Chapter 4: Environmental Sustainability and Environmental Values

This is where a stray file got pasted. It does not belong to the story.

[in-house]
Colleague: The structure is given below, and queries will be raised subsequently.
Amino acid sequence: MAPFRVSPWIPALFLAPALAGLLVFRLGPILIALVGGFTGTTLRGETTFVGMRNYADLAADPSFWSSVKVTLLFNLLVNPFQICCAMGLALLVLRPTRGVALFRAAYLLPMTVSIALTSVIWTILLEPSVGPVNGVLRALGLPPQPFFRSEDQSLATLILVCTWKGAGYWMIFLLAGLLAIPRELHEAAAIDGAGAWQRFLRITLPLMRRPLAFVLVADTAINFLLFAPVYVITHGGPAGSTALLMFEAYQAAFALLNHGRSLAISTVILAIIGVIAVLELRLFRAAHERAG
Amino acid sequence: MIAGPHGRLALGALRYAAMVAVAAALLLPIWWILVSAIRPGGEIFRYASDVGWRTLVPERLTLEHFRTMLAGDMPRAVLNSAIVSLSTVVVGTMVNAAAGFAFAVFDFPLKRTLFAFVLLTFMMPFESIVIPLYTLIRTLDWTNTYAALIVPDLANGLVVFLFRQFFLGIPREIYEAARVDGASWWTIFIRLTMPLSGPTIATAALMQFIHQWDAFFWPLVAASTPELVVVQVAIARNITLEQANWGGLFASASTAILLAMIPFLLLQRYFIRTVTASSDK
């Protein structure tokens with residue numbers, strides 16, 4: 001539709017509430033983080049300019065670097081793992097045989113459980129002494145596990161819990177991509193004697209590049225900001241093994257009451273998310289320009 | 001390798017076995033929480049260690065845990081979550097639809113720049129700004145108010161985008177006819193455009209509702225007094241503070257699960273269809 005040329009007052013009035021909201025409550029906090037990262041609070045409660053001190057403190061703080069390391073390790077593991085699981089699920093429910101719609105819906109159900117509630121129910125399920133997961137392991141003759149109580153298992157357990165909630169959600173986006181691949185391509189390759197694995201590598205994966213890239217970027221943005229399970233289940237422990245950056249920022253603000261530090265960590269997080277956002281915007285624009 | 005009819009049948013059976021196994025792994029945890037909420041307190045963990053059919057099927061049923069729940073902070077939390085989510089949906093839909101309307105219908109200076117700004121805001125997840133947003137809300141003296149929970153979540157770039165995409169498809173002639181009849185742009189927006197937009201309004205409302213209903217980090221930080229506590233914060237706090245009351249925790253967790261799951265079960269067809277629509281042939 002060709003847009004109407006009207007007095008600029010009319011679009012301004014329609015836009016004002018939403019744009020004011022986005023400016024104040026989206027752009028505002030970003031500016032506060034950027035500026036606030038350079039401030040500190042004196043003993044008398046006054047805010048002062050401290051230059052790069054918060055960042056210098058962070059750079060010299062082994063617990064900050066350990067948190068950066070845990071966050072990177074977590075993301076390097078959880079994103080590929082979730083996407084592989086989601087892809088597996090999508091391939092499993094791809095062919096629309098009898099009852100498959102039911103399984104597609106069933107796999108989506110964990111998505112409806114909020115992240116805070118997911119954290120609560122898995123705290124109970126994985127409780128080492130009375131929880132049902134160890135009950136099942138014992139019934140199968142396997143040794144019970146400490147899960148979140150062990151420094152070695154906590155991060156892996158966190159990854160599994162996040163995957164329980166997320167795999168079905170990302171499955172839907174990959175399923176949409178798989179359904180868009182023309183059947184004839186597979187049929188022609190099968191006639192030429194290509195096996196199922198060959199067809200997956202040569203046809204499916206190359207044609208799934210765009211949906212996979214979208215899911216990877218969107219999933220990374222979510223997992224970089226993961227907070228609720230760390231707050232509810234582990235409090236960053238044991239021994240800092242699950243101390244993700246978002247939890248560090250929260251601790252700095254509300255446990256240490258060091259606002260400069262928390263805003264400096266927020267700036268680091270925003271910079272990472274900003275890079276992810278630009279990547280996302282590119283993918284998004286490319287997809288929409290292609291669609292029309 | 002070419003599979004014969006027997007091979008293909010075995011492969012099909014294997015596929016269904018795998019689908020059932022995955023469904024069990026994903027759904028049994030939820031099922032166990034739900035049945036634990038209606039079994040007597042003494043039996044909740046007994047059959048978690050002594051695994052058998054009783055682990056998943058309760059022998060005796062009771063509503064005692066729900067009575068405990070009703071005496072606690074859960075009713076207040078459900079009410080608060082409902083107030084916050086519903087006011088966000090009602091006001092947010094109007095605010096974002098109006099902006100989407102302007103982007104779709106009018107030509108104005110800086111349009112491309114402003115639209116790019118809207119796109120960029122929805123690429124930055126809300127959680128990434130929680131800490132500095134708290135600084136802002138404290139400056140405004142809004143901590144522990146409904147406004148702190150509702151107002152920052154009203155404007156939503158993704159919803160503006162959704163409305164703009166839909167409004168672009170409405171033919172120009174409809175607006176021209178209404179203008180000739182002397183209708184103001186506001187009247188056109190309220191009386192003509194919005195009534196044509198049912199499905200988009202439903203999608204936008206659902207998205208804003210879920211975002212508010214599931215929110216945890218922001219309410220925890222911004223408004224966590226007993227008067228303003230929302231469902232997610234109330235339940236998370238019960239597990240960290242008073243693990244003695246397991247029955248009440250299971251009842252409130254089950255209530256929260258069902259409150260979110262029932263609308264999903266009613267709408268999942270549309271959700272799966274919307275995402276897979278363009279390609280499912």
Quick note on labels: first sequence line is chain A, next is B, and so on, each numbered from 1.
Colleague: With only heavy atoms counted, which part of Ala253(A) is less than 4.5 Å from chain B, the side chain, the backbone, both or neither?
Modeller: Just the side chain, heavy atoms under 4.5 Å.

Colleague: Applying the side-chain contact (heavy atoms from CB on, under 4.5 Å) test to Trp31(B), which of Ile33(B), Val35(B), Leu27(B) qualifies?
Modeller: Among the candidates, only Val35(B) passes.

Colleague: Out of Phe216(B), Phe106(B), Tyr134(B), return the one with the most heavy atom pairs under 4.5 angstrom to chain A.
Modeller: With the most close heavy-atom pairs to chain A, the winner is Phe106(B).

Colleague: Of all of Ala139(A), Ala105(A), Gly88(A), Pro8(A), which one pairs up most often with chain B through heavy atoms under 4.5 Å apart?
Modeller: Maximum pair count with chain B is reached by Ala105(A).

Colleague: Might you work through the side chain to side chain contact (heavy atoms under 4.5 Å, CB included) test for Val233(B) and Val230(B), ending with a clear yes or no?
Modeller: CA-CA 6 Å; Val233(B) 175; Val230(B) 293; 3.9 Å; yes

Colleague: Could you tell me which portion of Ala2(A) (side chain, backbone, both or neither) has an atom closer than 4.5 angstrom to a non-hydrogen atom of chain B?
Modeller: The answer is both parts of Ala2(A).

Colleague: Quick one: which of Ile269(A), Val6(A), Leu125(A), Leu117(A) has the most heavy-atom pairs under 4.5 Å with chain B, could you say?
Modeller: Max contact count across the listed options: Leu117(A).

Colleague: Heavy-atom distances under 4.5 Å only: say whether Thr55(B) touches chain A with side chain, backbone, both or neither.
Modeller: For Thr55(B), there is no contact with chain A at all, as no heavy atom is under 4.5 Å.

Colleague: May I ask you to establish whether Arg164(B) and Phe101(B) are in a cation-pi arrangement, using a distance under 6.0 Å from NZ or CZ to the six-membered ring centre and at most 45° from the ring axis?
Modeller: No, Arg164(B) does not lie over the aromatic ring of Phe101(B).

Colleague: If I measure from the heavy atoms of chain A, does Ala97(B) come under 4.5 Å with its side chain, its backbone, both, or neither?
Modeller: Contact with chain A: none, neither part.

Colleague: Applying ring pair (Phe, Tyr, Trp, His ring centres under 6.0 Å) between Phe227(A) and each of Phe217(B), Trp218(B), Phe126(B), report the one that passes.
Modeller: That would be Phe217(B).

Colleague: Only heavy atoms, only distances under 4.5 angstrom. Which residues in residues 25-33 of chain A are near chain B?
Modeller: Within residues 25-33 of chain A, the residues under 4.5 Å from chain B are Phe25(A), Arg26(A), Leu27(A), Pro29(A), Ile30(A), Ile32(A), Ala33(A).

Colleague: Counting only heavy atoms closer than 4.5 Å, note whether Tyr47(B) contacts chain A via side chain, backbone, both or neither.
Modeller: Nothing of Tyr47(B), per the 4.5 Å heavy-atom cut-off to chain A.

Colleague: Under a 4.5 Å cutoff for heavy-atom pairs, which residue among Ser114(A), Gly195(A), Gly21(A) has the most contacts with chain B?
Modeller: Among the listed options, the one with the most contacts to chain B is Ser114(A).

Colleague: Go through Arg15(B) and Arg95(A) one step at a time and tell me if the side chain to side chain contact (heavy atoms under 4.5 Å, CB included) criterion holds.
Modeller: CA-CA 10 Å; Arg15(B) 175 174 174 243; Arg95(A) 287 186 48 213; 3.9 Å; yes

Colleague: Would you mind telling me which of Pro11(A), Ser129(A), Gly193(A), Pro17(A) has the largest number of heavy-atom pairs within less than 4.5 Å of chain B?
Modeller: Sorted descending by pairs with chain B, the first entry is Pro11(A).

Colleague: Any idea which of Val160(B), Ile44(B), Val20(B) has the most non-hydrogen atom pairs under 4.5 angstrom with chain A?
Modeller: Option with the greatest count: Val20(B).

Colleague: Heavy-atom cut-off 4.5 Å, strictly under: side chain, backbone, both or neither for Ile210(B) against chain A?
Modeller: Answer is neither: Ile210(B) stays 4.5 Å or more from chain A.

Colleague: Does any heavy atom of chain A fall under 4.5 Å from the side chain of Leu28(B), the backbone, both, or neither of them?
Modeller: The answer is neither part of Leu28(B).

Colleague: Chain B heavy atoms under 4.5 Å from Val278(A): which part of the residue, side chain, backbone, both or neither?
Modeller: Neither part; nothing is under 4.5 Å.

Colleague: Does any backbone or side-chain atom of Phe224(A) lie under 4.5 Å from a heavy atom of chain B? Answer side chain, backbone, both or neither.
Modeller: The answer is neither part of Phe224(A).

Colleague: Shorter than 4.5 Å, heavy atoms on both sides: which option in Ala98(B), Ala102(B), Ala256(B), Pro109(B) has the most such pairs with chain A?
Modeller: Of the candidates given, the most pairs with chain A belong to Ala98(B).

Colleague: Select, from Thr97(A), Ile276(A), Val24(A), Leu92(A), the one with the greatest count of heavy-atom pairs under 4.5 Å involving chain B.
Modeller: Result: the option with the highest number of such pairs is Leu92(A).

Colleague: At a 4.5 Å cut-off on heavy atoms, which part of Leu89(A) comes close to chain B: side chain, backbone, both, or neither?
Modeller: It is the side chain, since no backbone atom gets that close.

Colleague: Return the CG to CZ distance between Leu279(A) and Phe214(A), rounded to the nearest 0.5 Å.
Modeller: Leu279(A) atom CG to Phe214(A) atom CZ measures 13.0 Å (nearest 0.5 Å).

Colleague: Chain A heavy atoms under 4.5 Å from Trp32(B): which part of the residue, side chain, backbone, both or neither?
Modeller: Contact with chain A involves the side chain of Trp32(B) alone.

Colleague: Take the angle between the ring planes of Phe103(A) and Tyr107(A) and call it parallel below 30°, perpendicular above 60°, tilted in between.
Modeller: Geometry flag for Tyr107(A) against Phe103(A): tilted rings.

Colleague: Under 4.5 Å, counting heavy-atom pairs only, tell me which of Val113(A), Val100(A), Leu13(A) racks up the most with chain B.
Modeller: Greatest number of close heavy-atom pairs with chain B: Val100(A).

How would you like your ‘sustainability’, Sir? Weak or strong? (Beckerman 1995, p. 167) 4.1 INTRODUCTION ‘Sustainability’, environmental, social, fiscal and so on, is everywhere nowadays. If it is not always clear what, precisely, politicians, business leaders, activists and others mean when they speak of sustainability, it is also unsurprising to find uncertainty regarding the meaning of sustainability in the academic literature on environmental values, politics and economics. The aim of this chapter is to cut a path through some of the confusion surrounding competing definitions, and to outline a coherent vision of sustainability that will allow us to engage the question of whether the human rights framework is an appropriate one to embrace in pursuit of environmental sustainability. I regard environmental sustainability as a core green value. The discussion here is framed in terms of what green thinkers believe we should value, why and how. Ultimately, I argue that what we should value is ‘ecological integrity’, which, to answer the ‘how’ question, I define in materialist terms. But since I am pluralist about the ‘why’ question, I do not exclude the idea that there is more to ‘the environment’ than its materiality. One route into these debates about sustainability and value has been to consider different ideas as to what causes environmental problems, or, more specifically, what factors legitimate and sustain the prevalence of environmentally unsustainable patterns of living. Green theorists have studied a variety of possible causes, ranging from human spiritual and cultural attitudes towards nature, to patterns...
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